About Us – The Little Kamper Story
The Little Kamper story is about people who love to be outdoors and their sincere desire to protect our environment for future generations. It is also the story of people who came from different places with different histories and thought processes, working together to solve a problem that few people understood.
John Kamps grew up in California’s Central Valley and began his outdoor life as a kid, exploring the Sierra foothills and mountains long before they became the popular destination of today’s visitors. After college, John started his first company, Kamps Propane, and began a career in the propane industry that eventually included owning 5 companies and having hundreds of employees. One of his companies, Pick Up Propane, recognized the need for a propane tank recycling service and began offering that service in 2011. Within a few years, Pick Up Propane was receiving used 1lb propane tanks by the truckload. The tanks were all made by one American company, distributed and sold through retail stores, and then used by people for outdoor recreation. Few people realized the volume of waste created by these tanks. Recycling them was time-consuming, hazardous, and costly. The cost of keeping these tanks out of landfills was paid by national parks, state parks, counties, and hidden in the trash bills of people around California. Single-use 1lb propane tanks create an environmental problem with a substantial cost and in many places, they simply end up in landfills. And the one American company was manufacturing millions of the tanks every year.
Josh Simpson grew up in Berkeley, California and his outdoor life began when his parents joined the Sierra Club in the late 1960’s. Like many young families in Berkeley at that time, environmental awareness was changing lifestyles and the Simpson family began collecting bottles, cans, and paper to recycle at a nearby community recycling center. As the middle child in a family with 5 kids, backpacking and camping trips were the typical Simpson family vacations. That experience set a lifelong pattern of spending free time hiking, camping, and backpacking in California. In 2013, John Kamps hired Josh to become the marketing director for his companies. In that role, Josh learned about the 1lb propane tank waste recycling performed by Pick Up Propane and witnessed the deliveries of thousands of tanks to the Pick Up Propane facility in Manteca.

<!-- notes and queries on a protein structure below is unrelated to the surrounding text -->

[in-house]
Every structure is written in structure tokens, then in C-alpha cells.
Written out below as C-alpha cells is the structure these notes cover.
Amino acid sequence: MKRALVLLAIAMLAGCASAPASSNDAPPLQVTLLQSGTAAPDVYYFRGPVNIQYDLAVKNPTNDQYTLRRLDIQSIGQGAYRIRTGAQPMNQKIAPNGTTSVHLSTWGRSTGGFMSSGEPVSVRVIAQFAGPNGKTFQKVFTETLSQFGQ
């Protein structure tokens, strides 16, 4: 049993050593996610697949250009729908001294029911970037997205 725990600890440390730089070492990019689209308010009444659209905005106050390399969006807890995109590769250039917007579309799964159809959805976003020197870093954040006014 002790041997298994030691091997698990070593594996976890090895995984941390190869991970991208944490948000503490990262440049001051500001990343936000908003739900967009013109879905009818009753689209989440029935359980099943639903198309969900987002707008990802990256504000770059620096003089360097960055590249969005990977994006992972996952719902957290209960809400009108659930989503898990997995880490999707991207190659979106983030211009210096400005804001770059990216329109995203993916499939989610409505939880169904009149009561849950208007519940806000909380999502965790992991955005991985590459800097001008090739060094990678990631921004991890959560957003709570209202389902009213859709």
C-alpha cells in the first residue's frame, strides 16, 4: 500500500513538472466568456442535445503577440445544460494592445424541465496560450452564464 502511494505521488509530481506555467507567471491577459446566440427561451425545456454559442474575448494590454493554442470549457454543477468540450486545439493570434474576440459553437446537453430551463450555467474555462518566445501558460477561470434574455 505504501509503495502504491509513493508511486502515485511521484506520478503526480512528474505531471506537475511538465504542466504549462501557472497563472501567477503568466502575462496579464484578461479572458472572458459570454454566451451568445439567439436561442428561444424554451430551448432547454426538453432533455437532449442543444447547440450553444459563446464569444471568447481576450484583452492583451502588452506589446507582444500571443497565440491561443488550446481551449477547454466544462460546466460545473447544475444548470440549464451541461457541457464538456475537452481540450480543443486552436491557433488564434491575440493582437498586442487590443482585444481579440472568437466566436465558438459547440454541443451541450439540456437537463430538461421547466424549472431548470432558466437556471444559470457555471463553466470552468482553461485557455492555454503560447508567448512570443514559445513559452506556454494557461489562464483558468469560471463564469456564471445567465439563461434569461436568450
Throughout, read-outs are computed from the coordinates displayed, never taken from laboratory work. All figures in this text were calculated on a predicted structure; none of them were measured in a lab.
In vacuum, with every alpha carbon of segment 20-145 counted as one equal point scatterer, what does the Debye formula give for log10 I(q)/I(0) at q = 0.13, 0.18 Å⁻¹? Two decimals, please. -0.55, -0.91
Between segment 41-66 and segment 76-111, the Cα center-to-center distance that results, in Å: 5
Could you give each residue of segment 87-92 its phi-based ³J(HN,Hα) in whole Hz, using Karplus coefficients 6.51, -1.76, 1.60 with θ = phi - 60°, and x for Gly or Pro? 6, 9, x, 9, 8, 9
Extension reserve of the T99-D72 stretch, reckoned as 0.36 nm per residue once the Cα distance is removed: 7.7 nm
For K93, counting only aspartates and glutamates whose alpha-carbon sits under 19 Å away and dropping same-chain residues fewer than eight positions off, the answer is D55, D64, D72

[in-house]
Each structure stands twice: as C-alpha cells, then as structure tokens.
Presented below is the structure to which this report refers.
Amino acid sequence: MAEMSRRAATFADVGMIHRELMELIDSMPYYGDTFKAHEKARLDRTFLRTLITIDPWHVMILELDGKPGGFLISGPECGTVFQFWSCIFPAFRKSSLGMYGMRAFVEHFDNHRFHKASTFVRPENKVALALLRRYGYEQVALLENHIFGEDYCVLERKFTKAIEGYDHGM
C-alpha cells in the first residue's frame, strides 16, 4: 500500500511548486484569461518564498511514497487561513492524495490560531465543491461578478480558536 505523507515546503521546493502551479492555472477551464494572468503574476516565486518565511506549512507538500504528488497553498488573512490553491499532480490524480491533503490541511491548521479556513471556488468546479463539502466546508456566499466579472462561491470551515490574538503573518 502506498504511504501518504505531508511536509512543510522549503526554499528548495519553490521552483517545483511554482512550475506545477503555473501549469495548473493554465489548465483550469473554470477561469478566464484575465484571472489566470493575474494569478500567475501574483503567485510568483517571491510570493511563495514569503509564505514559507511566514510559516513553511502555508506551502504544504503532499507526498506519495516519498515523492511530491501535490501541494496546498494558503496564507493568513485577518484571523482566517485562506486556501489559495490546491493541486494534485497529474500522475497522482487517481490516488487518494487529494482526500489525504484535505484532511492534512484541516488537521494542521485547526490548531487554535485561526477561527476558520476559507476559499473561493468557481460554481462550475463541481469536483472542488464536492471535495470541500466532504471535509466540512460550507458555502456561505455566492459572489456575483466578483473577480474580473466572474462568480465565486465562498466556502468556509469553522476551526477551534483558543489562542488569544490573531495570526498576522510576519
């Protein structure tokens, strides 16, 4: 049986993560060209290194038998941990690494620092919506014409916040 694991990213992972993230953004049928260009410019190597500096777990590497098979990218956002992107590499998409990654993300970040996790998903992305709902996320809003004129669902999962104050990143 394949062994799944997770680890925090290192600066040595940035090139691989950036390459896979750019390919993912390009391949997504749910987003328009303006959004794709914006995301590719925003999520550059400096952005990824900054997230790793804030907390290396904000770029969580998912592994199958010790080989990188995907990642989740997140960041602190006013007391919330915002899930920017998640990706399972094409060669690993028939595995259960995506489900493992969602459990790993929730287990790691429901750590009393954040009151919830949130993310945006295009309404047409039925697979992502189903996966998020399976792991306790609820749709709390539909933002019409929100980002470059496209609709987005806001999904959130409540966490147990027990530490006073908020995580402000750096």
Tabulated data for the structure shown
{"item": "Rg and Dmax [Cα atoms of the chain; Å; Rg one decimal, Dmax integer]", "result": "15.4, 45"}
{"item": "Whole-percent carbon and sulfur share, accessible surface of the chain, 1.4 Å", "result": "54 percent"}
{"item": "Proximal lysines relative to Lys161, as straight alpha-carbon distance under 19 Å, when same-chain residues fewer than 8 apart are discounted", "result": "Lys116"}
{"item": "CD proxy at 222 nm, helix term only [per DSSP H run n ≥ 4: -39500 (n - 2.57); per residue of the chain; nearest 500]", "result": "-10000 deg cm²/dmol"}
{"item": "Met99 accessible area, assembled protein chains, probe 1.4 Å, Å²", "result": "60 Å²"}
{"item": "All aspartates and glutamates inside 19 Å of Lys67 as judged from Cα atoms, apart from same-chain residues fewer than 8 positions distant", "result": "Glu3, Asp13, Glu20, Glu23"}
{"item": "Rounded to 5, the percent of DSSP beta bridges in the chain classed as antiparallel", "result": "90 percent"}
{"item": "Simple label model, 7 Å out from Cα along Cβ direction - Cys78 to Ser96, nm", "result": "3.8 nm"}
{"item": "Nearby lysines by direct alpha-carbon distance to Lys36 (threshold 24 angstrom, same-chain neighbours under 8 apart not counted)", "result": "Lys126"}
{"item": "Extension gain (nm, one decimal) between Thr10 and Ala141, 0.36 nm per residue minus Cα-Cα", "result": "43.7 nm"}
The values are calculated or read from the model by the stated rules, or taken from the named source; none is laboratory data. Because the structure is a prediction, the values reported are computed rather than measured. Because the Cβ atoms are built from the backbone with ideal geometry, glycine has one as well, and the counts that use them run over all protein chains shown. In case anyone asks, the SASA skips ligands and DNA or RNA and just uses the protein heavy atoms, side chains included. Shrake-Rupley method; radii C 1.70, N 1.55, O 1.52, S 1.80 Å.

In 2014, Flame King introduced their 1lb refillable propane tank. It was built for reuse, with a thicker steel shell and a brass valve that could stand up to years of outdoor adventures. Flame King showed off the tank to propane companies all over the US but there was little interest in a tank that could only hold 16oz of propane and allowed the end user to refill the tank. At a meeting with Flame King, Kamps Propane, and Pick Up Propane leaders, Josh asked the question “Why not create a 1lb tank exchange program?”.
There was an equal mix of curiosity and skepticism in the conversations that followed but two things became obvious. Josh was determined to see if 1lb tank exchange would reduce waste in parks and campgrounds. John was equally determined to see if the idea could become his next new business. The Little Kamper was created as a program for Kamps Propane customers who could buy and exchange their tanks at the 13 Kamps Propane locations around California. Within a few years, interest in the program from retailers in Northern California brought Josh and John to create the pilot program that tested retail distribution for the Little Kamper. Two years later, John decided it was time to invest in the technology required to expand the company. Little Kamper is now available in 10 Western States and the company fills and refills Little Kamper tanks with a state-of-the-art automated production system.
This story is about the opportunity of bringing philosophically diverse people together and letting their best work come from sincere collaboration. The Little Kamper team has worked with the California Product Stewardship Council, Cal Recycle, the National Park Service, the Yosemite Conservancy, and a variety of other groups to reduce fuel cylinder waster in America’s parks and campgrounds.
What happens next is up to every person who buys or sells portable propane tanks. Retailers who care about the environment will help us make the Little Kamper available where people buy propane. Outdoor enthusiasts who care about the future of our parks and campgrounds will realize that disposable tanks are bad for the environment and adopt our sustainable alternative. John Kamps chose to do something about this problem and we hope you will too.
40 million reasons ought to be enough to get people who care about our campgrounds and parks to help us reduce single-use 1lb propane tank waste.